LIRR Wins ‘Awards’ for Most Tardy Lines

Long Island Rail Road
A passenger boards a Long Island Rail Road train in Long Beach (Joe Abate).
A passenger boards a Long Island Rail Road train in Long Beach (Joe Abate).

The Long Island Rail Road’s least reliable train lines have finally earned some long overdue recognition thanks to the Tri-State Transportation Campaign’s new Laggy Awards, presented to those branches with “the greatest lost economic productivity, delay per rider, and lost time,” according to figures given out by the railroad and compiled by the non-profit advocacy group.

The tongue-in-cheek prize is intended to be a hard-to-miss signal to New York State legislators whose districts might be home to the least-reliable trains that it’s time to make sure that the system gets the additional capital investment it needs to serve as an asset—not an impediment—to the regon’s economic growth.

“LIRR’s frequent delays truly add up to lost economic productivity and commuter time over the course of a year,” said Ben Rosenblatt, who conducted the research for the Tri-State Transportation Campaign. “In fact, estimates of total lost productivity are greater than last year’s profits of some of Long Island’s largest companies, such as VOXX International, Nathan’s, and 1-800-FLOWERS.”

The timing of the Laggy Awards, which the campaign released Sept. 5 at a press conference at the Hicksville train station, is linked to the beginning of the Metropolitan Transportation Authority’s planning for the next capital program that will cover 2015-2019 and determine the fate of the LIRR for years to come. That process so vital to hundreds of thousands of riders will get rolling this fall.

Overall, the campaign estimates that late, cancelled and terminated trains between July 2012 and June 2013 cost $60,760,661 in lost productivity. The winners in that category are the Babylon Branch, which got the Gold Laggy for an estimated loss of $14,743,781; the Ronkonkoma line, which got the Silver Laggy for costing $12,285,067; and the Huntington line, which won the Bronze for costing $9,805,101.

After determining that the total lost time due to late, cancelled and terminated trains amounted to 1,380,924 “rider hours,” the campaign awarded the Gold Laggy to Babylon for 335,086 hours lost; the Silver to Ronkonkoma for 279,206 hours; and the Bronze to Huntington for 222,843 hours.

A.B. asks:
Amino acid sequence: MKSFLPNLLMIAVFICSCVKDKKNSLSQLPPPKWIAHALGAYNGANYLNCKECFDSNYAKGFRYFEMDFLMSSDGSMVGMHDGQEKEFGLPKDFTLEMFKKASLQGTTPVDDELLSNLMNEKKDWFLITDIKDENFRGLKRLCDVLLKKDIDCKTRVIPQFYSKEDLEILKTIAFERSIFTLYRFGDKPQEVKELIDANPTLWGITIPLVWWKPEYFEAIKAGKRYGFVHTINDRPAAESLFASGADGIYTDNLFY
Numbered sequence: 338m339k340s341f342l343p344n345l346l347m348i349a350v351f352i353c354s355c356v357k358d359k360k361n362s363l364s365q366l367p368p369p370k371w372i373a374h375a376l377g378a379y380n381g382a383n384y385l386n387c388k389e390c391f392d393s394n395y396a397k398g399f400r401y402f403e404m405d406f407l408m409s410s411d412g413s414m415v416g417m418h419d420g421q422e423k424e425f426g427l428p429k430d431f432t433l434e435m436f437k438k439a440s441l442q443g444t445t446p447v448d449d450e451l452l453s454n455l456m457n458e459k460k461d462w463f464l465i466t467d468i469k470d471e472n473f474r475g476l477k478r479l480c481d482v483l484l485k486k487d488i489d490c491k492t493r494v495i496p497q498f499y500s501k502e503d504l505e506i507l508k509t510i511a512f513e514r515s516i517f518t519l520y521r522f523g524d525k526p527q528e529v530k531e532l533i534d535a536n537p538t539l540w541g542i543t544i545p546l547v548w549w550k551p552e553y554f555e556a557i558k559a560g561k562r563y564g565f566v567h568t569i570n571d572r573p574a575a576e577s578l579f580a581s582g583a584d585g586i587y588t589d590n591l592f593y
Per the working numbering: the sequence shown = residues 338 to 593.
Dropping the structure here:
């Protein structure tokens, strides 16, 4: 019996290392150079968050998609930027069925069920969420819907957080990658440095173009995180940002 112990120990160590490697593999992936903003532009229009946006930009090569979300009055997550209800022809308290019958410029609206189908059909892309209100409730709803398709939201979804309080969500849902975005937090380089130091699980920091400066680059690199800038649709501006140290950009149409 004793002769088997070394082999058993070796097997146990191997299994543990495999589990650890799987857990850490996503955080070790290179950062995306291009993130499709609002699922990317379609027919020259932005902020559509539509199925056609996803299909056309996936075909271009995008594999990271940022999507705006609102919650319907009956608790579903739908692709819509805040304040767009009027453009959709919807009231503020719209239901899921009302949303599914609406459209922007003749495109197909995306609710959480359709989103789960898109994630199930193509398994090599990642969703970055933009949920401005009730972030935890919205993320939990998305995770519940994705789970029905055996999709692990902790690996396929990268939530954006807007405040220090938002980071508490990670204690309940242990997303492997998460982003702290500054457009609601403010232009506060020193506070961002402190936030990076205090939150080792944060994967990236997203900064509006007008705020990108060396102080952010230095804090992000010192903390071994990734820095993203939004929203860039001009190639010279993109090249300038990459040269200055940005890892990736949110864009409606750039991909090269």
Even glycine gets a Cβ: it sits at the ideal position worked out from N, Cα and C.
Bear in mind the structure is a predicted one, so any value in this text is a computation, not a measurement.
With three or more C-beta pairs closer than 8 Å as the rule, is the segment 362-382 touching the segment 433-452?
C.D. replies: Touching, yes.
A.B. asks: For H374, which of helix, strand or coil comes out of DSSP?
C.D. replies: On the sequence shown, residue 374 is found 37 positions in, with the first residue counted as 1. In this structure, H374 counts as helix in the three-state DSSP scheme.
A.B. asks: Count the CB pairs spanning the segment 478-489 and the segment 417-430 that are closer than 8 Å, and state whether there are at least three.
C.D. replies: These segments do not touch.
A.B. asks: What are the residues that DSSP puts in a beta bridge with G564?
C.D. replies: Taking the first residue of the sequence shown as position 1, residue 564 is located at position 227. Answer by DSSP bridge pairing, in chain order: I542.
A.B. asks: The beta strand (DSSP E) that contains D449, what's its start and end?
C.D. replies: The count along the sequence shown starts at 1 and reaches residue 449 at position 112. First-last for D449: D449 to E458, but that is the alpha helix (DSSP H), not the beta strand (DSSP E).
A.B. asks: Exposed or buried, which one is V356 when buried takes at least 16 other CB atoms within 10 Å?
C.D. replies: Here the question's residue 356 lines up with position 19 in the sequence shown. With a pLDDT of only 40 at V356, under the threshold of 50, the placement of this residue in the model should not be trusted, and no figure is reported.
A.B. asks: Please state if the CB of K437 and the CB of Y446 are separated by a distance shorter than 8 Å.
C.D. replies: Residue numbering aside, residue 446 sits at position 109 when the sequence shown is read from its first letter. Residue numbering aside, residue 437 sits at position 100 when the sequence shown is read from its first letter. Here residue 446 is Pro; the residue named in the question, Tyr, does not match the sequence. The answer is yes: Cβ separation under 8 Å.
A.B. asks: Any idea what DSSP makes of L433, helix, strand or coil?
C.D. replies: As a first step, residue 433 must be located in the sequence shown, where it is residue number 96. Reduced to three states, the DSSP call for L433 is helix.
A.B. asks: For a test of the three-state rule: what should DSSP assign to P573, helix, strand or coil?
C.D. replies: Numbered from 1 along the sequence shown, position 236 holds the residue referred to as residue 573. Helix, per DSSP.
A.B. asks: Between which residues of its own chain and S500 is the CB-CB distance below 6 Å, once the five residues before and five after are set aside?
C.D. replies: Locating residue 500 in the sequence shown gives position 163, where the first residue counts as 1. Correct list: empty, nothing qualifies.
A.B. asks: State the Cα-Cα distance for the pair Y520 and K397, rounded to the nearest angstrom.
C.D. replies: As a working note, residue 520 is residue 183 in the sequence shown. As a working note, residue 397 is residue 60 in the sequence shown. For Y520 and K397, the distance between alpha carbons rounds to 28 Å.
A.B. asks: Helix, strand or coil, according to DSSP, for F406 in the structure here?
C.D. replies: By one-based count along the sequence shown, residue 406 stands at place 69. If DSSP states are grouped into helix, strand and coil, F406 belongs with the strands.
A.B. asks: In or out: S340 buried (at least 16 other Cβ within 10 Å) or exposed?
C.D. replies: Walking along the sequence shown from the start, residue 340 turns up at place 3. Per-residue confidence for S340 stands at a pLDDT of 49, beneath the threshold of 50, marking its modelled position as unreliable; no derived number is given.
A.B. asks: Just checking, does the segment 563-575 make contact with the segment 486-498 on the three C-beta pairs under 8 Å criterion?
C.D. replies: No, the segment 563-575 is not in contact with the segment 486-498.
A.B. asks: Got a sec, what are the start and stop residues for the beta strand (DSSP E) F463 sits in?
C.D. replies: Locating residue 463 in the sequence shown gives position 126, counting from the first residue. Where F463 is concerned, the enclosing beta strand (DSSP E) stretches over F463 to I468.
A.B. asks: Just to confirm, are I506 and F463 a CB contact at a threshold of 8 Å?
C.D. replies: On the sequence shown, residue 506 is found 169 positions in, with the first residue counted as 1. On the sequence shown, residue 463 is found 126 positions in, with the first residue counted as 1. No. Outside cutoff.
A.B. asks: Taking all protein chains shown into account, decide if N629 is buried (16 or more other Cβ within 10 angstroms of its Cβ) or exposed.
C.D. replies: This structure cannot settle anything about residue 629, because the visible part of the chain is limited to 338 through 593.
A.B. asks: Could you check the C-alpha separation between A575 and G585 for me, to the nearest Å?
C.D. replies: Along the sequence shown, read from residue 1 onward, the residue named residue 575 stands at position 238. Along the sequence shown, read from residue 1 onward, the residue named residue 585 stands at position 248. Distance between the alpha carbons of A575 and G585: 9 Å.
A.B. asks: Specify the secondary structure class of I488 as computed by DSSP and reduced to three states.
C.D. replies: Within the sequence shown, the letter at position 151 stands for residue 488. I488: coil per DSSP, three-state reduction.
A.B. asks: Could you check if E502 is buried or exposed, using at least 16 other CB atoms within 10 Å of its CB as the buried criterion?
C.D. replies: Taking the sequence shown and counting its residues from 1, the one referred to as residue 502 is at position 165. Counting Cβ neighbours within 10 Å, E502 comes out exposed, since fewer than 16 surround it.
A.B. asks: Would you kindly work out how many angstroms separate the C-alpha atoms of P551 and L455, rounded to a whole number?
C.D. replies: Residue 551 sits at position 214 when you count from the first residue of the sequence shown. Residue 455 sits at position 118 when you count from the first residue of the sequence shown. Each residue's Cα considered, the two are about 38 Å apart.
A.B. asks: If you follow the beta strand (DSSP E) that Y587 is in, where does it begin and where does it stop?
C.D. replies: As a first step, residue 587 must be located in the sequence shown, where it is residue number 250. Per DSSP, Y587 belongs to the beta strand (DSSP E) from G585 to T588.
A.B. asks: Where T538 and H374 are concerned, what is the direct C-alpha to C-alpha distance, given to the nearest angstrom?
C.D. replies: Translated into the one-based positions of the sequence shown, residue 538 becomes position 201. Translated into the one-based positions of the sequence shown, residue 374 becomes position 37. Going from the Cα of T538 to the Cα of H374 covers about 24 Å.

Last, but not least, the campaign gave out Laggies to the branches that had the greatest levels of “delay per rider,” after finding that an average LIRR rider lost 15.8 hours because of service disruptions. And here Port Jefferson got the Gold Laggy for racking up 22.3 hours in delays per rider; Montauk got the Silver for 20.5 hours per rider, and Ronkonkoma got the Bronze for 19.1 hours.

The analysis was based on data provided by the MTA on ridership, on-time performance and other lateness, termination and cancellation information, “along with Census-derived income assumptions regarding the value of lost time,” the campaign said.

The advocacy group says it came up with the Laggy Awards to help elected officials serving in the areas “hardest hit by delays” to “identify, and fully fund, the Metropolitan Transportation Authority’s 2015-2019 Capital Program to ensure the LIRR system is reliable and in a state of good repair.”

Among the projects on the group’s priorities list are “further fast-tracking LIRR’s Second Track” project; rebooting LIRR’s “Third Track” project; funding signal improvements such as the “Babylon Interlocking” system; and enhancing Wi-Fi capabilities on LIRR trains and at stations to mitigate the productivity losses associated with train delays.

“It is imperative that Long Island’s elected officials in both the New York State Assembly and State Senate identify the funding needed to ensure the Long Island Rail Road is in a state of good repair,” Ryan Lynch, the campaign’s associate director, said in a statement. “Not doing so will only continue to negatively impact the Island’s economy and put further strain on regional and local businesses.”

In a statement to the Press, Salvatore Arena, an MTA spokesman, said: “The LIRR knows that our customers’ No. 1 concern is to arrive on time and safely to their destinations, and we are constantly seeking ways to improve our on-time performance, which currently stands at 93.4 percent year to date. We support any effort to raise awareness about the important need for resources to invest in the infrastructure that the LIRR relies on to provide service.”

The report was issued on the same day that a construction worker accidentally cut a signal line for one of the East River tunnels, sparking more cancelations and delays during the Thursday evening commute.

“When you waste folks’ time, it really is death by a thousand cuts,” said Eric Alexander, executive director of Vision Long Island. “In order to provide efficient transportation options for people, the current LIRR rail system and operations need strategic investment and upgrades.”

In the 2010-2014 MTA capital program, the LIRR was slated to receive $2.3 billion out of the $22 billion total budget. In the next round, the railroad and its advocates are hoping for more.

“Delays caused by inadequate infrastructure investments have real economic costs, in addition to the stress and frustration that they produce in riders,” said Bill Henderson, executive director of the Permanent Citizens Advisory Committee to the MTA. “We cannot afford not to maintain, rehabilitate and improve LIRR infrastructure to meet the needs of its riders and the regional economy.”